Book 10 in the Sebastian St. Cyr mystery series begins with a grisly discovery of a decapitated man at Bloody Bridge, his head mounted on a spike. The man was Stanley Preston, a wealthy man who owned a plantation in the West Indies. He was also a man who collected mummified heads (what fun), and a lead coffin strap linked to King Charles 1648 was found near his body, indicating he may have been lured to his death with the promise of the head. As it turns out, the Prince Regent is expecting to be the first to view the crypt of King Henry VIII, Jane Seymour and Charles I – however, now that Charles’ head is missing the hunt is on to find it and solve the crime as well. Sebastian, Viscount Devlin, is the man for the task.
As usual, there are several people who may have wanted Preston dead, ranging from an injured army officer to a nasty old curiousity shop owner to man from Devlin’s past. Ms Harris has also woven in another real person into this story, Miss Jane Austen, sister to Henry Austen, a banker who also may have wanted Preston dead. At the time, Miss Austen had published books under a pen name, but Devlin soon determines that she is a very intelligent and observant young woman who may be helpful to his investigation. Hero, Lady Devlin, is a fan of the books by the mysterious woman author, and even names their cat Mr. Darcy.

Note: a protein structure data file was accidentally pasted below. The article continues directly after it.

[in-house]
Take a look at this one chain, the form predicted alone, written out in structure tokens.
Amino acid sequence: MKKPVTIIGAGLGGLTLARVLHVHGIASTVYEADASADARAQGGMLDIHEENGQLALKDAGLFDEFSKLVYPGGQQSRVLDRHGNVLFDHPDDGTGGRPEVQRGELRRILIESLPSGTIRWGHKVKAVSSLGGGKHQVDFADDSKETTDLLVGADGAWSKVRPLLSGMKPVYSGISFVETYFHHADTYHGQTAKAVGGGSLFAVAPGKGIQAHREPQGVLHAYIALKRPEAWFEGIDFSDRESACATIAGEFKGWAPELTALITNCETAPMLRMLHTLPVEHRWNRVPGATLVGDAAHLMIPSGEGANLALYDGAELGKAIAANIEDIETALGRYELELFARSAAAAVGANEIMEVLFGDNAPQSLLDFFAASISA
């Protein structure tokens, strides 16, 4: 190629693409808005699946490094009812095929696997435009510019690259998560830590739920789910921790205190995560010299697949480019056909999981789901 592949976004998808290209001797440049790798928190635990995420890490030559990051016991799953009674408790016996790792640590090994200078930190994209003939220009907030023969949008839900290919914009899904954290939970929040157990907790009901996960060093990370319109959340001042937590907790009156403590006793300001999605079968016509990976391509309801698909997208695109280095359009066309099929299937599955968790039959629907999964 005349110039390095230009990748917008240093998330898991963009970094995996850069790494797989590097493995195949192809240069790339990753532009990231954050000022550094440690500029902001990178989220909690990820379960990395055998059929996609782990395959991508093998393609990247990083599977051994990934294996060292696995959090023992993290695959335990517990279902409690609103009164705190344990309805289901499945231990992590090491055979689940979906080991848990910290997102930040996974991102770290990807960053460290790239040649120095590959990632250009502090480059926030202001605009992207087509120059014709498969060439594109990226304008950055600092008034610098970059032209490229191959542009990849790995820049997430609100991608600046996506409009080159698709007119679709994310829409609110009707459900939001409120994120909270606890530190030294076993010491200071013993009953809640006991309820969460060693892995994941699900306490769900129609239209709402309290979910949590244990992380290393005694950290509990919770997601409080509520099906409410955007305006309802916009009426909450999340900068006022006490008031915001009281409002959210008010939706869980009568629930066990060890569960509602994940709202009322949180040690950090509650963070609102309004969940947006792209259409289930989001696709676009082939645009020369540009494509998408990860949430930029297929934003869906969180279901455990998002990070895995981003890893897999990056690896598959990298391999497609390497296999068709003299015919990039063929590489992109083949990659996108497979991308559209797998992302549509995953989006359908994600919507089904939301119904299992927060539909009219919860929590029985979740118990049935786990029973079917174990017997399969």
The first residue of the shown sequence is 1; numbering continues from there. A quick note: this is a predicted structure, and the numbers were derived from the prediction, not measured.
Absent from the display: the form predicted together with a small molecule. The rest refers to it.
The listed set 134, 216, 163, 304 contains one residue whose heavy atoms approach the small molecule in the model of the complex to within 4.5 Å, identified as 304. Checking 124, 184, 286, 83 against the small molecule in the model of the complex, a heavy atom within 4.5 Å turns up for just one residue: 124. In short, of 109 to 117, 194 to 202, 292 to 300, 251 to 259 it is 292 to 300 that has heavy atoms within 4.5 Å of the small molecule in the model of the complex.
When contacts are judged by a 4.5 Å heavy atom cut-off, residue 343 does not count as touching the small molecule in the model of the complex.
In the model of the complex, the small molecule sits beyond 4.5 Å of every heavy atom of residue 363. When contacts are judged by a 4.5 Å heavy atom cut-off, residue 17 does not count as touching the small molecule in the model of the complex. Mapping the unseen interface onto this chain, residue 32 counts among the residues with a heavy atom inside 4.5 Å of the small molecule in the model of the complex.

On the home front, Devlin and Hero are adjusting to life with baby Simon. Their marriage is becoming stronger and their feelings for each other continue to evolve into a loving bond. But along with their emotional attachment comes the realization that Devlin’s investigations may cost them so much more than before. There is a death of a certain character that is completely unexpected, and the loss shakes both of them to the core.
This was another enjoyable read! Ms Harris states in her authors notes that she used Jane Austen’s letters and biographies in her research to create the character here, and it felt like a natural fit to the story. Devlin and Hero continue to be enjoyable characters, and I appreciate the fact Ms Harris doesn’t stoop to misunderstandings between them to create conflict. Which is not to say their marriage is all sweetness and light, but they deal with whatever outside circumstances throw at them and work to resolve it.